Somehow Rust seems to be doing well, nevertheless. Admittedly, it has had significant PR effort behind it.

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                          Somehow Rust seems to be doing well, nevertheless. Admittedly, it has had significant PR effort behind it.

                          It also has sans-gc memory safety, which differentiates it from other languages in terms of runtimes. I can’t think of a way to tease apart “it’s runtime” vs “it’s PR” though, this is the same situation as with Java.

                          Did we ever have languages which were heavily marketed, but didn’t go anywhere?

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                            Did we ever have languages which were heavily marketed, but didn’t go anywhere?

                            Depends on what you mean by “didn’t go anywhere”, but Dart comes to mind. Haskell might be another one. Jane Street did some PR around O’Caml, and that hasn’t gone too far. And, in contradiction to what I’ve said before, Rust hasn’t gone too far really outside of some sort of a bubble, perhaps?

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                            What do you think those are?

                            In the case of Zig/Rust/Go vs C++ it’s an inconvenience - one more stage in the Jenkins pipeline, or even in the local build, to run Coverity.

                            Like you said, the biggest problems lately aren’t related to programming language, so moving a project to a new language is a big headache for a little gain. These languages are great for new projects to cut down on overhead, but most developers spend their time doing maintenance and feature development on existing projects.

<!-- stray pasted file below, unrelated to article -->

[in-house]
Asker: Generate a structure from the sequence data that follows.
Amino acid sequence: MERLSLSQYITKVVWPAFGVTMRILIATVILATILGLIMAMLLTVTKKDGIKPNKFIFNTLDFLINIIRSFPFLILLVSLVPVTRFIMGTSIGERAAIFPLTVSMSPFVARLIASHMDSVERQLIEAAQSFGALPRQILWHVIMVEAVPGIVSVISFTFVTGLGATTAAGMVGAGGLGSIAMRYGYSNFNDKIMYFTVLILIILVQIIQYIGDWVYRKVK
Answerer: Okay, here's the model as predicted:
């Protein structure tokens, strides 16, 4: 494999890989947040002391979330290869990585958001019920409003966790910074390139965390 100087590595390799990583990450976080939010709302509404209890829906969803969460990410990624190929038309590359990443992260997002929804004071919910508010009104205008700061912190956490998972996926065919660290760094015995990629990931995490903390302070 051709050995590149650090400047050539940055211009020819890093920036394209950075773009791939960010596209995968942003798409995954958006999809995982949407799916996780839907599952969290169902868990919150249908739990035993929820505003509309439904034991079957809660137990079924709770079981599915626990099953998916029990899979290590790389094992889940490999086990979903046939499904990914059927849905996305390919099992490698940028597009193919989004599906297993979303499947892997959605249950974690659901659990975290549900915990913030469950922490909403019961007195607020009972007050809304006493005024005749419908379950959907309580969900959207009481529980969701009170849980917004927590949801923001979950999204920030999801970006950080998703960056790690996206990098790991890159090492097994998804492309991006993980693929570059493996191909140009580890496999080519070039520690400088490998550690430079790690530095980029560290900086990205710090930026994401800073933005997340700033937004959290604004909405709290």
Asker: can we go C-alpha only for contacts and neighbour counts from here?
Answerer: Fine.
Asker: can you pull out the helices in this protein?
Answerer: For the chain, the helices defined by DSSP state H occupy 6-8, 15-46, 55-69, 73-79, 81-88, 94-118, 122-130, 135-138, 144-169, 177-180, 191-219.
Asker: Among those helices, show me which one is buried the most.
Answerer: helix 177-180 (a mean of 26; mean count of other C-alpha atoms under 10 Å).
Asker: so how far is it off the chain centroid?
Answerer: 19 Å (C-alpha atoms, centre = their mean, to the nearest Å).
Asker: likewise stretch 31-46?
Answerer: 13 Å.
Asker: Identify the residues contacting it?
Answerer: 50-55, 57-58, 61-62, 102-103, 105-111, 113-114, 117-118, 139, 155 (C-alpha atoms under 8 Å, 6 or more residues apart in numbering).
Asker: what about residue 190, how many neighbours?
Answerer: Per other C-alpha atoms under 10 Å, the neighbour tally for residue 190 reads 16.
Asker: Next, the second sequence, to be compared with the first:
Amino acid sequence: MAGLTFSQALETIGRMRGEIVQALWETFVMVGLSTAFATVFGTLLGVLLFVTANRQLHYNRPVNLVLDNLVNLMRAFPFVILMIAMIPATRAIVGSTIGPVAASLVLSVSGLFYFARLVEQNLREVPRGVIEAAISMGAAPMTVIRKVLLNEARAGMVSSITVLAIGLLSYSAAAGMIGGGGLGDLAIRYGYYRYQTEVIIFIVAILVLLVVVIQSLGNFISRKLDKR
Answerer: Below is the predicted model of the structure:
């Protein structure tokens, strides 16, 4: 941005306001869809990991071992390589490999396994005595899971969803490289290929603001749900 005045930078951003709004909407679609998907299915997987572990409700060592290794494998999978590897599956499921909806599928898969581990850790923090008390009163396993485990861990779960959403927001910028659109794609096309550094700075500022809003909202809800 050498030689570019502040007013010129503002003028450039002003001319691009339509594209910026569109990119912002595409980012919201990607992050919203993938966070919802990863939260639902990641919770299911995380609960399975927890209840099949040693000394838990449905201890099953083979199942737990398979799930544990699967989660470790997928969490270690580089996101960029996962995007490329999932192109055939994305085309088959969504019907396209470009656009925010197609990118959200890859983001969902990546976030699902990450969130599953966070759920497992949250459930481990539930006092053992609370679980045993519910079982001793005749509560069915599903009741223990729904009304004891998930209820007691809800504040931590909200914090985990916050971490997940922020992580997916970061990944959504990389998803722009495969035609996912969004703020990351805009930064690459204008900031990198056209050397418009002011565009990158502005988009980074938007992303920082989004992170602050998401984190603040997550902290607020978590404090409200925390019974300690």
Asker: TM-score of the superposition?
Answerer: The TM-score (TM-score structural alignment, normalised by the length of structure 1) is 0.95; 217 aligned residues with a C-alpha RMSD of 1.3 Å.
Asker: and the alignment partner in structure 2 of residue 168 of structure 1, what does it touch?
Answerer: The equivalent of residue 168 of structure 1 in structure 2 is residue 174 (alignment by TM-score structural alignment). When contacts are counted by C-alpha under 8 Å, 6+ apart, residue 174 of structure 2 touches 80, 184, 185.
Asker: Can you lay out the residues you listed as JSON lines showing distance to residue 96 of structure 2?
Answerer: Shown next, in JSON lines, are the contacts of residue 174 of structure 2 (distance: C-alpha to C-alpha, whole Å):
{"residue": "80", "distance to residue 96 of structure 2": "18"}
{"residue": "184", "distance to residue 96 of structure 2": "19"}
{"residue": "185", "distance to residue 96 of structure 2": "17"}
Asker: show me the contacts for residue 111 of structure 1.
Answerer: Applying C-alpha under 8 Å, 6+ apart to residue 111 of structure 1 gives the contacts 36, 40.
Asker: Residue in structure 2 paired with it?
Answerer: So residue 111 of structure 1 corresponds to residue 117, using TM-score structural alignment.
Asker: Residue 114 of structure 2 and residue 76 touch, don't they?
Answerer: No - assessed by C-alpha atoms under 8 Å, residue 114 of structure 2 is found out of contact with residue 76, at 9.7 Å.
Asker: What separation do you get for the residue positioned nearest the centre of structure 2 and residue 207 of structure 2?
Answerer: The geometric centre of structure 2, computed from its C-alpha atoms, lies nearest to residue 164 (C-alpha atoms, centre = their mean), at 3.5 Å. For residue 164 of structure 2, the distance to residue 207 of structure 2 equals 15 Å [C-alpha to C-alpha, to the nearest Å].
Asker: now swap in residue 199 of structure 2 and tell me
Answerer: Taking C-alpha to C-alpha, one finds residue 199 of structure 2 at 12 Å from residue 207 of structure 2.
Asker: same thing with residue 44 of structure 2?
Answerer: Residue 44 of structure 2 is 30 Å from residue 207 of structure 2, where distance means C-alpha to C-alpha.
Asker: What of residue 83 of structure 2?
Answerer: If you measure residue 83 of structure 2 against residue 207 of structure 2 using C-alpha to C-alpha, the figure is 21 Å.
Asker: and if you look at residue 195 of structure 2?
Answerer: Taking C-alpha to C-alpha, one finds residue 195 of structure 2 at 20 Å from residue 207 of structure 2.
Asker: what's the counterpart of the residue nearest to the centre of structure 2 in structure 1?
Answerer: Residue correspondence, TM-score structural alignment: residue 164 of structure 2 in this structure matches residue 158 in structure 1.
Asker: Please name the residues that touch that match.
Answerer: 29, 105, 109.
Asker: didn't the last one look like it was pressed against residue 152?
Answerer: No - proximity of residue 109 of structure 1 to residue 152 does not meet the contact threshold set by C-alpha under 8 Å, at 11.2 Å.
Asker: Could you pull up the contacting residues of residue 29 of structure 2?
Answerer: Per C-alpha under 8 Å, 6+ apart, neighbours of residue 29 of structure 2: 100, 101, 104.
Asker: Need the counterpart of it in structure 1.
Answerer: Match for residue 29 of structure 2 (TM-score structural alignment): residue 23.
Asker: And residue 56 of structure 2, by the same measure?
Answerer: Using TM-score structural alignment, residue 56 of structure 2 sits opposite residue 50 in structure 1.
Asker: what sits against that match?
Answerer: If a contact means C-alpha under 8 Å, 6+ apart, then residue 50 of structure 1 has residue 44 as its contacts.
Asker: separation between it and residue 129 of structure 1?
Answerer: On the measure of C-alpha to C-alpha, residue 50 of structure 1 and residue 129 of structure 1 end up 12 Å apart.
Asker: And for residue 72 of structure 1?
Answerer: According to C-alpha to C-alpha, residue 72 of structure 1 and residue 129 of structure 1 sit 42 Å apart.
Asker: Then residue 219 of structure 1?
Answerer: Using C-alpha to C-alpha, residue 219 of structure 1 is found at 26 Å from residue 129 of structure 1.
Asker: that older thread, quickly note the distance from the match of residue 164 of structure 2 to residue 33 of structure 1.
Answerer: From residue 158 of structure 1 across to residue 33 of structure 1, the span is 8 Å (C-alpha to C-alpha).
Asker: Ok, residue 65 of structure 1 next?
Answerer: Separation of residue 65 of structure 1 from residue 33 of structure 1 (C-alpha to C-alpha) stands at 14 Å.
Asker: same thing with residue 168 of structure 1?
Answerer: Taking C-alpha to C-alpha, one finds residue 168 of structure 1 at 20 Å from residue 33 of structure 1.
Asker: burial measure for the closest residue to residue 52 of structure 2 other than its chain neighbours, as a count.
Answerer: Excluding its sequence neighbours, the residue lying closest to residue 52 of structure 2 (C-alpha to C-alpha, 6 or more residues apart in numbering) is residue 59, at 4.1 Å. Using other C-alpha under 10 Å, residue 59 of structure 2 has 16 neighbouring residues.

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                            Eh, Nim’s similarity to python is seems mostly at the superficial level. For one, Nim uses a lot more metaprogramming (to the point of probably edging a lot closer to Ruby when a lot of DSLs get involved, especially with something like Karax). For two, Nim has a static type system, has had one from the start, and is a lot more likely to use first class functions.

                            To be honest, I think Nim owes a lot more to Pascal and Ada.

                            I don’t see it becoming massively popular a la C or Java, but it’s definitely got a big edge on both Python and Go from a strictly language standpoint, IMO.